Does a scheme have a “separification”?

Background:

(1) If C and D are categories and there is a forgetful functor U:CD, then a C-ification functor F:DC is an adjoint to U. For example, the (left) adjoint to the forgetful functor from groups to monoids is "groupification" of a monoid, given by formally adjoining inverses. The (left) adjoint to the forgetful functor from presheaves to sheaves is the usual "sheafification" functor.

Note that whenever you have a (left adjoint) C-ification functor F (whenever you have an adjunction, for that matter), you get a universal property. For any object X∈D, there is a canonical morphism (called the unit of adjunction) εX:X→U(F(X)) with the property that any morphism f:X→U(Y) factors as f=U(g)\circ εX for a unique morphism g:F(X)→Y in C.

(2) A scheme X is separated if the diagonal morphism X→XxX is a closed immersion. It is enough to check that the image of the diagonal is closed. Being separated is the algebro-geometric analogue of being hausdorff, which nothing in algebraic geometry ever is.

My question is whether there exists a "separification" functor adjoint to the forgetful functor U from the category of separated schemes to the category of schemes. Note that the forgetful functor U does not respect colimits (you can glue together separated schemes to get a non-separated scheme), so it has no hope of having a right adjoint. But U does respect limits (it's enough to show that an arbitrary product of separated schemes is separated and that fiber products of separated schemes are separated), so it might have a left adjoint.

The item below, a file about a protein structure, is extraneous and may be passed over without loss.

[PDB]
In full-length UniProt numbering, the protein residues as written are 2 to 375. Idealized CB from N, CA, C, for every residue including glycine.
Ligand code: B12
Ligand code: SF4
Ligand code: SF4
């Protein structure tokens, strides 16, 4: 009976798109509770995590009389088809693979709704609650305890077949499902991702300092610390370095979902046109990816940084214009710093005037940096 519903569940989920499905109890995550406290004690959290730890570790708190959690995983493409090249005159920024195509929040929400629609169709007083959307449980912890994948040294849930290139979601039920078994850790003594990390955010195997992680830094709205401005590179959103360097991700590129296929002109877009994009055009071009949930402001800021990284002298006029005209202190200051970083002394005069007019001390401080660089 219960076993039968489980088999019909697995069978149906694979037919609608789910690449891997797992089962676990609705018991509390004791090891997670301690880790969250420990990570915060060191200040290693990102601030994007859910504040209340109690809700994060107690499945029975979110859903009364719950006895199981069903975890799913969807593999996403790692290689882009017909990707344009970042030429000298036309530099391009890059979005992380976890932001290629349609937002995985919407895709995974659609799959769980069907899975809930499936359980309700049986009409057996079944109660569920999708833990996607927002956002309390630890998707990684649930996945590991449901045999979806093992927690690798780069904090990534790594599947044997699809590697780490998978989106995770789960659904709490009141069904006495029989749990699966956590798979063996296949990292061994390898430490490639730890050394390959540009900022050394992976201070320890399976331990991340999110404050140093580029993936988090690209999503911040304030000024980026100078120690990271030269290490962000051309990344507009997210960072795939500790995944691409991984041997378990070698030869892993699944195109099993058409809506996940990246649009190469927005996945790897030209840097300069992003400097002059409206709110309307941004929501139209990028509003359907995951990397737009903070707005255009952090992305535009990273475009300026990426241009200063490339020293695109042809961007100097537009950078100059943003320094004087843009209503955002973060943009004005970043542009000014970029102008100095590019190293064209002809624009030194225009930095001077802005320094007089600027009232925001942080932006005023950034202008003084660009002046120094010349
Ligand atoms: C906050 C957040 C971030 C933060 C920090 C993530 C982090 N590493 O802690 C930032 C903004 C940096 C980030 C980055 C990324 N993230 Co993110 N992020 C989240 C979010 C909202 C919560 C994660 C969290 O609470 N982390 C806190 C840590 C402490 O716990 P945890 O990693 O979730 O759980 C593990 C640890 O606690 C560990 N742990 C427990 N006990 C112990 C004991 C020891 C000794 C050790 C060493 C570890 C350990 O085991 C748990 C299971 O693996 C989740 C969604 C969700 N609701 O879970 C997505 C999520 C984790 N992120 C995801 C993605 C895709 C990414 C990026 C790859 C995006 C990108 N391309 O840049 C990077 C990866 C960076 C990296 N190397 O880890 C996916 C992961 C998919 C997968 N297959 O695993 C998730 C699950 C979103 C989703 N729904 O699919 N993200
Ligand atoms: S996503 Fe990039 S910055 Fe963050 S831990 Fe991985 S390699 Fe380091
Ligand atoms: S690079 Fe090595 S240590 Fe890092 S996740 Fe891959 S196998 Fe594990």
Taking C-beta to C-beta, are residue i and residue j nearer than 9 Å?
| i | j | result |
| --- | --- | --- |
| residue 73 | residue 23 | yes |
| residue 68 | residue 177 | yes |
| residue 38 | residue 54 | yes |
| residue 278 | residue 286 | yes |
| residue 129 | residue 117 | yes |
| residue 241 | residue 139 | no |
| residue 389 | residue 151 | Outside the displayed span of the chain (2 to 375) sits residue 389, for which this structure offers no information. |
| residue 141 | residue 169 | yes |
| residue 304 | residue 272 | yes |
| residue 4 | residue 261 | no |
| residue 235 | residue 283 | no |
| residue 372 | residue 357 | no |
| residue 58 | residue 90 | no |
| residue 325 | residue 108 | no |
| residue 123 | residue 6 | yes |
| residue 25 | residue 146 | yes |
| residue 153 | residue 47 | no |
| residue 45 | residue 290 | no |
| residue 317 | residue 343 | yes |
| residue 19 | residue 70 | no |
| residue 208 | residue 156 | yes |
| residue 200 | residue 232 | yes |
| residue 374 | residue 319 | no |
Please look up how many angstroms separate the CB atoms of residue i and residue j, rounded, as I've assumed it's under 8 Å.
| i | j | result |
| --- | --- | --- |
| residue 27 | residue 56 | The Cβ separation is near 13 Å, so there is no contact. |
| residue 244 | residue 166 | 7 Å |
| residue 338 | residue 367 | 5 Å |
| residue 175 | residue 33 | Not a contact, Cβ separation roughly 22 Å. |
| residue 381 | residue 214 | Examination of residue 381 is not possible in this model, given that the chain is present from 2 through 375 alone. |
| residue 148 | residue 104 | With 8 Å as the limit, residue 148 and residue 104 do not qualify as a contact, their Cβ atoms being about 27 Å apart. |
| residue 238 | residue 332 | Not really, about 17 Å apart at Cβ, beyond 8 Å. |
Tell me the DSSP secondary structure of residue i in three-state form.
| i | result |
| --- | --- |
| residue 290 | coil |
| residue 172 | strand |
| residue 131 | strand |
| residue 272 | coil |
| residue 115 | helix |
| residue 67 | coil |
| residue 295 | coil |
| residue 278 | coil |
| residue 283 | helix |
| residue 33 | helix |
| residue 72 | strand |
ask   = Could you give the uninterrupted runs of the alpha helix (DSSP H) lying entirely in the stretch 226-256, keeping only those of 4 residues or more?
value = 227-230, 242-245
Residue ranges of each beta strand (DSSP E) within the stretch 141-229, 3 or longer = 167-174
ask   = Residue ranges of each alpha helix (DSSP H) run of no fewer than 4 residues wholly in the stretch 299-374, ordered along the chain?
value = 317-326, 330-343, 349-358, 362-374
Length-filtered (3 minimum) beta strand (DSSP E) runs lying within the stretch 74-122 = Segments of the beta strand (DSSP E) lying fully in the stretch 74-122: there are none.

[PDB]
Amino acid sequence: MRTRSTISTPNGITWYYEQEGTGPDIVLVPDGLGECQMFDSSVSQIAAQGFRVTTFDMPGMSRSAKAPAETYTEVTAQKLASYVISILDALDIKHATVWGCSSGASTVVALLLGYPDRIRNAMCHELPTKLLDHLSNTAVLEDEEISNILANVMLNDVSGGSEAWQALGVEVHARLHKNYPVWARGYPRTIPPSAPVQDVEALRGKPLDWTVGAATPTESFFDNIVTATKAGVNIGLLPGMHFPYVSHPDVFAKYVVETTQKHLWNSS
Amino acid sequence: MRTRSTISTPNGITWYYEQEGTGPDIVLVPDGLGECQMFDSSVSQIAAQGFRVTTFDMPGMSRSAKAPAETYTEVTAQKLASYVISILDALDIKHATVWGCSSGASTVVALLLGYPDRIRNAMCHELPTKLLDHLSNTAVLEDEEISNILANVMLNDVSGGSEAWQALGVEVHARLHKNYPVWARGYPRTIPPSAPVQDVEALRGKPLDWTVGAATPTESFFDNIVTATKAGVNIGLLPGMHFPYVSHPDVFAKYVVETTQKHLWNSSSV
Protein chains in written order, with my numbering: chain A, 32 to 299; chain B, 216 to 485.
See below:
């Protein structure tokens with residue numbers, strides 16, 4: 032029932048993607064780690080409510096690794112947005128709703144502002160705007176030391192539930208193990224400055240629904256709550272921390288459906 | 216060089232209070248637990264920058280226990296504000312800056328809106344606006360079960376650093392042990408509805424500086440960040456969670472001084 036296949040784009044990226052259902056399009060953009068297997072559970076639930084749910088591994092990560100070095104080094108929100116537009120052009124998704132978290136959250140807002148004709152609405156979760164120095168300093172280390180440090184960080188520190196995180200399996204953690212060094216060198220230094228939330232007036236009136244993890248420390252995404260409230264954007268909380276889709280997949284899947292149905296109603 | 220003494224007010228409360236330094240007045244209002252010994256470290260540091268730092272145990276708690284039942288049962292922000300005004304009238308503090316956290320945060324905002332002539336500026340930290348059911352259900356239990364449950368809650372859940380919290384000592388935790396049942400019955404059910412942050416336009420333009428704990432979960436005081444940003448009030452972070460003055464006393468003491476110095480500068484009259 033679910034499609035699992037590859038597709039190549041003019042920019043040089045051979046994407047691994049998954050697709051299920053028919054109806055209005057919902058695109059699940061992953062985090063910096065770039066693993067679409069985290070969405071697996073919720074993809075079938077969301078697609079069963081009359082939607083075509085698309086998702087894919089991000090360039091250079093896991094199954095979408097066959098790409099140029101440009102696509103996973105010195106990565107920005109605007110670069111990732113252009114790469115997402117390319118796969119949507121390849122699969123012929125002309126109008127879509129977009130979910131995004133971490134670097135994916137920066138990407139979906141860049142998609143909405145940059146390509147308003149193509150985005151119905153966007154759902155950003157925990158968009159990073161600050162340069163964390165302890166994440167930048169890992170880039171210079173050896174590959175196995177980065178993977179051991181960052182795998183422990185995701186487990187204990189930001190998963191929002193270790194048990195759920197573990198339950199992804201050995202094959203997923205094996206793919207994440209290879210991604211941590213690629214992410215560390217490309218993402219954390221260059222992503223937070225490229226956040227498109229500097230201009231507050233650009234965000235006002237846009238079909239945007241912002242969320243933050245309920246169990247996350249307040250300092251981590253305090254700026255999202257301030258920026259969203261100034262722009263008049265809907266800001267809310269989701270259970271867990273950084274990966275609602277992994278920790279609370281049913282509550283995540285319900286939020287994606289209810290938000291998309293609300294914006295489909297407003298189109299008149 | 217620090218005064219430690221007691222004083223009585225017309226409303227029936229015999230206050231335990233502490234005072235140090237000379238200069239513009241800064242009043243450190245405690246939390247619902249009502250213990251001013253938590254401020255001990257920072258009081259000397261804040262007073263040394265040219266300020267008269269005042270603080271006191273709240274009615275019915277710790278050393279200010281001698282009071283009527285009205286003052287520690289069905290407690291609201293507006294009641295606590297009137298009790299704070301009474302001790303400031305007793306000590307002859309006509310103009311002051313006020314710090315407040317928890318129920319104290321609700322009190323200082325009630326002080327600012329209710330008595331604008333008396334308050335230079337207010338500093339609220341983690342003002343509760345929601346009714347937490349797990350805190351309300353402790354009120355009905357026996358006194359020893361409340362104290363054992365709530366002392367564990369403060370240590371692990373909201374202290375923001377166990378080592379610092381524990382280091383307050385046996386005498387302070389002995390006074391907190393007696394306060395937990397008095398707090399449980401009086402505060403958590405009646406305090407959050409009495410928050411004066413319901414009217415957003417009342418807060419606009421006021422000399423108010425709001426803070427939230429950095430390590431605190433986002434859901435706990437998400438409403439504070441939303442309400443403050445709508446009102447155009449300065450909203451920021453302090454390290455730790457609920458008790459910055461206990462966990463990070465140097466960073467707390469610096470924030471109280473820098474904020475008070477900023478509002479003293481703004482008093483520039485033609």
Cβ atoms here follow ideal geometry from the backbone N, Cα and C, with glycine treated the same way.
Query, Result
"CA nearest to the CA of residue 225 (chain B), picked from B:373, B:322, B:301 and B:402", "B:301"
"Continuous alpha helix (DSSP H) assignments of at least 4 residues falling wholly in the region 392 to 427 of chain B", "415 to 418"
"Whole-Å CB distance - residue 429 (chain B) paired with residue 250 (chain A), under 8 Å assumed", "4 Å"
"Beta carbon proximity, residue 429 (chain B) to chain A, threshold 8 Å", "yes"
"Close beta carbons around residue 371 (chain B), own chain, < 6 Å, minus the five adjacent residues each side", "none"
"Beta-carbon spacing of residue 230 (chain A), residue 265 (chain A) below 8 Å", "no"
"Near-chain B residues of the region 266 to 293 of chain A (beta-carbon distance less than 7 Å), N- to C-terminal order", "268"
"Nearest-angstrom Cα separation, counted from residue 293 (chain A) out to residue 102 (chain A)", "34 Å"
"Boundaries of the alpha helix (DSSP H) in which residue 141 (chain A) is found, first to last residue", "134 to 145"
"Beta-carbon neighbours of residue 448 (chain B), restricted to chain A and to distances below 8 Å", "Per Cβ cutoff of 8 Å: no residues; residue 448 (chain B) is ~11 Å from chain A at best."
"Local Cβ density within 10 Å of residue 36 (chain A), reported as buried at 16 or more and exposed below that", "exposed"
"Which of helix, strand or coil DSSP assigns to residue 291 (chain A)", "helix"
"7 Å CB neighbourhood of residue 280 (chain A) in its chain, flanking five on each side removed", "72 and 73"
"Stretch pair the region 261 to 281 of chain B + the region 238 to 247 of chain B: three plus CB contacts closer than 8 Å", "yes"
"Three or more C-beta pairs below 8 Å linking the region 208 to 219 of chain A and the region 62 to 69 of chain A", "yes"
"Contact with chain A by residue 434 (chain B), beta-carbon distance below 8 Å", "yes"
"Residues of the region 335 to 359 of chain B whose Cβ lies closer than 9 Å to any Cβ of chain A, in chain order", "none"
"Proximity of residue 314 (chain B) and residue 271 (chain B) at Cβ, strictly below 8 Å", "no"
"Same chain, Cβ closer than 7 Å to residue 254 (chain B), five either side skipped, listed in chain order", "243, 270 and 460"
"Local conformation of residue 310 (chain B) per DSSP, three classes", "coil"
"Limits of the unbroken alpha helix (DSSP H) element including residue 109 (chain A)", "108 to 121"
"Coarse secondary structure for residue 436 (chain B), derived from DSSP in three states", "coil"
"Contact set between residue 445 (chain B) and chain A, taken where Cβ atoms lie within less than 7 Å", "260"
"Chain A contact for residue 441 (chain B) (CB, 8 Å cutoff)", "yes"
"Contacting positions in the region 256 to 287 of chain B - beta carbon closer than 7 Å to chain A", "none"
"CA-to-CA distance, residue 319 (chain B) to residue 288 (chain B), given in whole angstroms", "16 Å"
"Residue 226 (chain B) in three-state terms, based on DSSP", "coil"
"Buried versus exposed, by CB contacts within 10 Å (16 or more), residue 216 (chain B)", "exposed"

To put it another way, given a scheme X, is there a canonically defined separated scheme Xs and a morphism X→Xs so that any morphism from X to a separated scheme factors uniquely through X→Xs?

Related questions I'd like to know the answer to:

• Is there a "relative separification" functor. That is, does an arbitrary morphism of schemes f:X→Y admit a canonical factorization through a separated morphism fs:X'→Y. This would be analogous to Stein factorization, which I regard as "relative affinification". An arbitrary (quasi-compact and quasi-separated) morphism f:X→Y canonically factors through the affine morphism SpecY(f*OX)→Y
• Is there a separification functor for algebraic spaces? Is it possible that the separification of a scheme is naturally an algebraic space?
• Is there a separification functor for algebraic stacks? (An algebraic stack is separated if the diagonal is proper.)
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 Minor corrections: X needs to be in D. Then the unit sends X to U(F(X)), and the morphism g is in C. – S. Carnahan♦ Oct 13 2009 at 5:04 @Scott: corrected. Thanks. – Anton Geraschenko♦ Oct 13 2009 at 5:28 Minor note: maybe it should be "separation" instead of "separification" – S. Carnahan♦ Oct 13 2009 at 19:08 I like "separification". I've also heard people propose "sheafication" instead of "sheafification". – Anton Geraschenko♦ Oct 18 2009 at 2:20 Your proof that $U$ respects limits does not work. Here is a different approach: Since affine schemes are separated, it is enough to prove the following If $\{X \to X_i\}$ is a cone of schemes such that for all affine schemes $T$ the induced map $Hom(T,X) \to lim_i Hom(T,X_i)$ is bijective, then this is already true for all schemes $T$. But this is easy because both sides are sheaves in $T$ with respect to the Zariski Topology. – Martin Brandenburg Jun 14 2011 at 15:29